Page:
Sell out

Th Slog sounds the warning bell: Ever so quietly, with the acquiescence of Berlin, Brussels is planning to let the bankers off. In essence what the EUnion is planning to perpetrate is an 'instant austerity pact', possibly implemented as soon as the start of 2012. Fear are that the dreaded ESM, which will destroy any national sovereignty there still exists and deliver all of us into the hands of an untouchable clique of central bankers (see here).

But that is not all. To get the banking sector on-board the EUnion is said to offer a quid-pro-quo: Play along and you will not have to take a haircut on existing troubled sovereign debt (mainly Greece, but also Italy, Spain, Portugal and France). Since the debt of these countries needs to be serviced and reduced, since the bill has to be paid by somebody, this will mean the debt is rolled over onto the shoulders of the EUnion taxpayer and citizen. Us.

We will be told we will be bailing out the banks.

We will have to pay for those banks that squandered obscene amounts of money on ridiculously risky loans will not carry the burden of their ill-considered, even retarded decision-making. We will. And the higher taxes and falling living standards that must follow the enactment of this grubby plan will turn a depression into a slump, says the Slog.

This is not doom-laden panic mongering either. Over on Mish's we find corroboration: Latest Idiotic Plan: No Losses for Banks or Bondholders because "Losses Undermine Confidence"
That's right folks, we are going to bail out the banks and no one has to take any losses (except taxpayers of course who will "share" 100% of the risk). Otherwise there will be a "loss of confidence" in the same banks that plowed into Greek, Spanish, Irish, and Portuguese debt because supposedly there would be no losses on sovereign debt.

Now they have taken a no-loss idea that has already blown sky high, and want to expand it to the next level: "no losses on bailouts".

This plan is so stupid only government bureaucrats could dream it up.
The only true way to restore confidence is to punish banks that make stupid lending decisions, Mish writes. It is 100% of the losses should go to the bondholders, not zero percent.

What is worse: Our own government is said to have been convinced by Germany's slithering financial minster Wolfgang Schäuble to agree to this abomination. PM Mark Rutte and FM Jan Kees de Jager will once again sell out our wealth, our savings and our hard work to rescue multi-million euro bonus earning bank rats. It is immoral, it is supremely unjust and it is a complete betrayal of the oath of office both of them took when they were sworn into their current position.

This cannot stand. Spread this around as much as you can. Contact the Tweede Kamer member of your choice and ask them, for once, to represent you and yours and oppose this travesty. Tell others about it. Let us try to make sure that when our governments officials come back from the ESM summit later this week they'll notice a determined lack of consent by the people and a significant part of parliament.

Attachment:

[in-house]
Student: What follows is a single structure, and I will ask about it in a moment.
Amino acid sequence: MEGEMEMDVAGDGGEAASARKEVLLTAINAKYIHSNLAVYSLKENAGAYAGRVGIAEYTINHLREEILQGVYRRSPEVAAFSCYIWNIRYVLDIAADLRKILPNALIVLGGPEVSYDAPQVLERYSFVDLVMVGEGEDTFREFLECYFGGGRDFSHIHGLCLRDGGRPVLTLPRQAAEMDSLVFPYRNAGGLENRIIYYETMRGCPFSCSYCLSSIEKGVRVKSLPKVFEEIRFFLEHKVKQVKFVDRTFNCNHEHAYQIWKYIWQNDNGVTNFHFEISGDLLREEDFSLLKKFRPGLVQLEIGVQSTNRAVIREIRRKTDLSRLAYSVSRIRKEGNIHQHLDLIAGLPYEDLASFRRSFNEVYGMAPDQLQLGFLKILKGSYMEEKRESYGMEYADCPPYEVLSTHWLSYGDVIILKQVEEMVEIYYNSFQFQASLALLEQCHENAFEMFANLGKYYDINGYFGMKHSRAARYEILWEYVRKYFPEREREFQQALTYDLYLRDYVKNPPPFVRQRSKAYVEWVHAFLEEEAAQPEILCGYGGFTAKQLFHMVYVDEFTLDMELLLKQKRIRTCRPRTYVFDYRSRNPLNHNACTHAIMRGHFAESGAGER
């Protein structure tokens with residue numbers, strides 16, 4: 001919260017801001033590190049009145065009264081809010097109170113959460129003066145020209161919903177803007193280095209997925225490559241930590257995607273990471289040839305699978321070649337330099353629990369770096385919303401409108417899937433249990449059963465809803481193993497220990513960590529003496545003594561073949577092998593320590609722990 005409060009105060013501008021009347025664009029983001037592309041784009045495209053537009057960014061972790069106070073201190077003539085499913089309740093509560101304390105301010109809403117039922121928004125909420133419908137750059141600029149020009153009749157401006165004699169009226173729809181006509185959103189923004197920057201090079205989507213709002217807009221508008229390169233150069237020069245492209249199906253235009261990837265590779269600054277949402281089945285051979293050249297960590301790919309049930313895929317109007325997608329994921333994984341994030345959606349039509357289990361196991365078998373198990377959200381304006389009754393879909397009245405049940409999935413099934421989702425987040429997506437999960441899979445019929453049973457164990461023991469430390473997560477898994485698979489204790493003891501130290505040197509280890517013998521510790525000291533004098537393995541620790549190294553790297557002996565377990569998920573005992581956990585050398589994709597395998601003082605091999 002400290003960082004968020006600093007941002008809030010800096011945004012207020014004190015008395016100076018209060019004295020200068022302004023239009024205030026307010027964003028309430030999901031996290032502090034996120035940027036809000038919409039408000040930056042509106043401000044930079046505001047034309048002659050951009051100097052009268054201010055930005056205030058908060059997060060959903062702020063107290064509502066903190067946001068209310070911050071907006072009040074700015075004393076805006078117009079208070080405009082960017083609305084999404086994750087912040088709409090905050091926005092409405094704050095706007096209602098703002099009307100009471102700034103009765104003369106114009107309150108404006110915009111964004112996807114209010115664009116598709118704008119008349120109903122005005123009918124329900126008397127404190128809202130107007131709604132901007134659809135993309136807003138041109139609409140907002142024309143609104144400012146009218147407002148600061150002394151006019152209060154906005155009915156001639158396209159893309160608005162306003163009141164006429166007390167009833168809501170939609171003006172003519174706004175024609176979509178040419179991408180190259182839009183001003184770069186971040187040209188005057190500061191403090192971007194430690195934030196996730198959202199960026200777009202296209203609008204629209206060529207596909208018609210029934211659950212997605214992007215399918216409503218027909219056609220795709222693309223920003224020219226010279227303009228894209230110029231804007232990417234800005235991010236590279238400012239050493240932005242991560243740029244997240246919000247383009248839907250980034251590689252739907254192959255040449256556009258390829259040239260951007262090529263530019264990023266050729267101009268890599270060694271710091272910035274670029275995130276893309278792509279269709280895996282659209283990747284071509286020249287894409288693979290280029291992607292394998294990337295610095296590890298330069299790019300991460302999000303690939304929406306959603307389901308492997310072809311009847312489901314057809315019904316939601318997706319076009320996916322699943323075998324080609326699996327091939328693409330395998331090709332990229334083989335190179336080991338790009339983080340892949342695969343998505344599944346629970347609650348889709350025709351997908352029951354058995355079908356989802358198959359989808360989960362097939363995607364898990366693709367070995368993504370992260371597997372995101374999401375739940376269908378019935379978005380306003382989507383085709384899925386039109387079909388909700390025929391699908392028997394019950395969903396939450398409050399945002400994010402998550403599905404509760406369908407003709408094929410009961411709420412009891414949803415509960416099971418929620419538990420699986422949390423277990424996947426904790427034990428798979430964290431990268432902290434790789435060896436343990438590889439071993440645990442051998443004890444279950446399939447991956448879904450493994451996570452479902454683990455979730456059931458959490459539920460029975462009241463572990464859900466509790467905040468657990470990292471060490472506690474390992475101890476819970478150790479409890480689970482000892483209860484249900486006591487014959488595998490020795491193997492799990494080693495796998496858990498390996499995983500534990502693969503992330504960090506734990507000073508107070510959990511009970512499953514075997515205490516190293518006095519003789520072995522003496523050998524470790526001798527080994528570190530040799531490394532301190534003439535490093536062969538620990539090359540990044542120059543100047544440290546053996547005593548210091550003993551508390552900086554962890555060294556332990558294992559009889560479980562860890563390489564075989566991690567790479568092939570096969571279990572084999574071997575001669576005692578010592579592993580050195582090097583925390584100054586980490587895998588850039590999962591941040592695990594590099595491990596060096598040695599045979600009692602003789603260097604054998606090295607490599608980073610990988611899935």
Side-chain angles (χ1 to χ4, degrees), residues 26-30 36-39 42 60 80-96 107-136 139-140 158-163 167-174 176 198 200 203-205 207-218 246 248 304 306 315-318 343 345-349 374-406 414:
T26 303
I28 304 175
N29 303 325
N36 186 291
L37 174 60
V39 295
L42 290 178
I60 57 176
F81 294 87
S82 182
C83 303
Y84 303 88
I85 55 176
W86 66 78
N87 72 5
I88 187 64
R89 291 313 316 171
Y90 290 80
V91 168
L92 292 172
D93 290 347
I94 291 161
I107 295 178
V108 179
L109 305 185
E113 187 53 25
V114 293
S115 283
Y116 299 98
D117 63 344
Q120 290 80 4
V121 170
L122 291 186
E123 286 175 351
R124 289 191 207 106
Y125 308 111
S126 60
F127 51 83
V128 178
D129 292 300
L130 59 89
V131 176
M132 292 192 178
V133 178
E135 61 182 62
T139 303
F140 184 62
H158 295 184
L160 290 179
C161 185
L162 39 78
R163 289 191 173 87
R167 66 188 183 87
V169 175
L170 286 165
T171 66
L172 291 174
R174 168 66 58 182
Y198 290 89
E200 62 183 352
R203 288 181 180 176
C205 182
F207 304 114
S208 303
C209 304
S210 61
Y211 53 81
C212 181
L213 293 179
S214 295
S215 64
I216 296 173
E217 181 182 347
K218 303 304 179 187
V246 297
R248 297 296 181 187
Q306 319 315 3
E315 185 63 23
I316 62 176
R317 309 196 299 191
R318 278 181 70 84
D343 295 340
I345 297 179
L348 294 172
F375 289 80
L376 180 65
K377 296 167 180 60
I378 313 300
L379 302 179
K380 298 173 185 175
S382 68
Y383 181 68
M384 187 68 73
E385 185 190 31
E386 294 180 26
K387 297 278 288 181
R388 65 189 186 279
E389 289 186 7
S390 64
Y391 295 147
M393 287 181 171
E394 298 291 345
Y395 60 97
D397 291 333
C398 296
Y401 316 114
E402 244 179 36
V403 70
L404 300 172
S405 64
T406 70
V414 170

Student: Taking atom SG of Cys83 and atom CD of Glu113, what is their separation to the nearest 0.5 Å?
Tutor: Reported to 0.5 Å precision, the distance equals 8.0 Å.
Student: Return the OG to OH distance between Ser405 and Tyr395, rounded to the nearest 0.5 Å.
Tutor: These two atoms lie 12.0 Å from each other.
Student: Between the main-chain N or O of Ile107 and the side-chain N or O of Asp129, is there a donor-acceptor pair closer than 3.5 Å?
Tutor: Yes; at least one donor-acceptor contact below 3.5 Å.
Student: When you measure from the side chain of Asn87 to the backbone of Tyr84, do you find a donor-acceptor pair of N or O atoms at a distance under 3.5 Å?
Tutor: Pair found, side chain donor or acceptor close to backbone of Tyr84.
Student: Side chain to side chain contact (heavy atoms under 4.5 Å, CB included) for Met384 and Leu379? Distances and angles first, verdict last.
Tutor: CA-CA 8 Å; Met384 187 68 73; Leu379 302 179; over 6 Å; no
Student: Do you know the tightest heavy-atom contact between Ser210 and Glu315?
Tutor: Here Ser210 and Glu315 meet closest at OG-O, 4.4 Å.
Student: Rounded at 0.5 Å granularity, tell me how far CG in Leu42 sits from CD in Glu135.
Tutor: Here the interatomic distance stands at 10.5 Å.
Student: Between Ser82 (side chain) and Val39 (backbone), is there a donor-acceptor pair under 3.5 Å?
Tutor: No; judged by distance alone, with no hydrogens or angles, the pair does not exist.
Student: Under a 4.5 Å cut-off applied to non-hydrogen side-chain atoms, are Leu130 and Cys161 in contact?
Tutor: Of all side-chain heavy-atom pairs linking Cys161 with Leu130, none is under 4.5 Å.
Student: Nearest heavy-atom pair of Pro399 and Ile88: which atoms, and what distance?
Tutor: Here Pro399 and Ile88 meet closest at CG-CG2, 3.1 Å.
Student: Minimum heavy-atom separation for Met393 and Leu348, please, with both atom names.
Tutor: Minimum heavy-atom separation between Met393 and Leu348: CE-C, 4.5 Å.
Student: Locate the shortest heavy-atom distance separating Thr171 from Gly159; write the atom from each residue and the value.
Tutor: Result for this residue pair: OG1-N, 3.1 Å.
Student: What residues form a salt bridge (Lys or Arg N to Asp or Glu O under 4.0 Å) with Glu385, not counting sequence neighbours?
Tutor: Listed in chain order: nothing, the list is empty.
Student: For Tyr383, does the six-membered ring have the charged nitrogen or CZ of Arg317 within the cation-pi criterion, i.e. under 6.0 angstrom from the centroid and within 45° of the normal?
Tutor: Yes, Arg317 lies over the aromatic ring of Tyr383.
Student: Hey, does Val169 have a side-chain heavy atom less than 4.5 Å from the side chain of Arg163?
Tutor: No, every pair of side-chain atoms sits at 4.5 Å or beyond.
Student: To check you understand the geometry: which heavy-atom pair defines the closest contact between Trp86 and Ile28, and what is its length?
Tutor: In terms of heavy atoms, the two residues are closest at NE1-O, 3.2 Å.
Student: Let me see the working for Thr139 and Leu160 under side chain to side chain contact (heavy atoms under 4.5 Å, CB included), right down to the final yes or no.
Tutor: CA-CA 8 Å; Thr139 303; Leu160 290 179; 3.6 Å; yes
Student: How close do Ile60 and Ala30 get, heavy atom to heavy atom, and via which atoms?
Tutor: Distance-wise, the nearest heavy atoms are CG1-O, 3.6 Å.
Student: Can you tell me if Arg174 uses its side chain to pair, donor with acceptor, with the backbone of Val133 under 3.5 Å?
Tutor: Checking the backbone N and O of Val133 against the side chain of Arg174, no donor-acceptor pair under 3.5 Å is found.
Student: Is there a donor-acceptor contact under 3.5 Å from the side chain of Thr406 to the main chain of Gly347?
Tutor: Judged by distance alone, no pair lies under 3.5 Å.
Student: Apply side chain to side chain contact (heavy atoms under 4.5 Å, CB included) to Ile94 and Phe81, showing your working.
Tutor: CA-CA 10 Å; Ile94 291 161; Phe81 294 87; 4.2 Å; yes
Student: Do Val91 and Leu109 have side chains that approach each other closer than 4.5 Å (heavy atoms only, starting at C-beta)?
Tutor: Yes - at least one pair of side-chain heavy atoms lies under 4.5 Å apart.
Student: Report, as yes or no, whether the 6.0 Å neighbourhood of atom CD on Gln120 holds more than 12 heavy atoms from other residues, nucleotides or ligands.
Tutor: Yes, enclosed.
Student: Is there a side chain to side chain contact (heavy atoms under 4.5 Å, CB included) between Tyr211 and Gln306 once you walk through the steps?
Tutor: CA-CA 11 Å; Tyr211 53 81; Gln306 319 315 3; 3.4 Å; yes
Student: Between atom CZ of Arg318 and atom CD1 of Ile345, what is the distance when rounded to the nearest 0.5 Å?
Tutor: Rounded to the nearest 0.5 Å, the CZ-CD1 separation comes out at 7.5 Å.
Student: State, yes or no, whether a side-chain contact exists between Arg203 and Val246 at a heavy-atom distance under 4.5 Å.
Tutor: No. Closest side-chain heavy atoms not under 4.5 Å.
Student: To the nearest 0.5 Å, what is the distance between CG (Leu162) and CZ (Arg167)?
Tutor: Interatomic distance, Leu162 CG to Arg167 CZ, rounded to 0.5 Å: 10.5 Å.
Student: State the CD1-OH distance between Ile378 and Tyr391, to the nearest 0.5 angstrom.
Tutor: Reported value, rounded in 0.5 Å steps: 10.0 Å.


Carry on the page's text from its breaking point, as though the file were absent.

3 opmerkingen:

Mr Ecks zei

Bit baffled by this one--not sure what the Slog is on about.

When it hits the fan, the banks will collapse and the state will try to bail them out anyway to stop the depositors (ie you and me) being ruined because their money has vanished. Running the presses so will prob cause hyperinflation. The only other choice the political scum have is to allow the banks to go and make nassive cuts in spending (which is harsh but better than the alternative). We will soon be in the biggest Depression since Adam was a lad and the state will be desperate for every penny to try and survive, let alone wiping out what little economic activity there is to ensure a comfortable life for their friends. 

Klein Verzet zei

Well, the point, as I understand it, is the craven disregard for the well-being of own citizens if favour of the well-being of those that are in large part culpable for this crisis, and don't need much help with their well-being in the first place.

You are right that if things proceed on the current trajectory the state will be in dire straits anyway.

But don't you think it is the first duty of any (just) state to ensure and protect the interests of its citizens first? They have a duty of steward-ship, I like to think. That is why they have the position they hold. Abdication of that responsibility, that is what I think makes this tale immoral.

DP111 zei

Of course, you KV and ordinary people such as me, will have to pay.

Lets say that the sovereign debt is 40 trillion. Assuming 400 million EU citizens, the debt can be paid in one year if each citizen paid just 100 Euros or 2 Euros a week. Not much eh?
Such an amount can be easily fudged into our energy bills as an AGW/AGCC tax, and not itemised in the bill.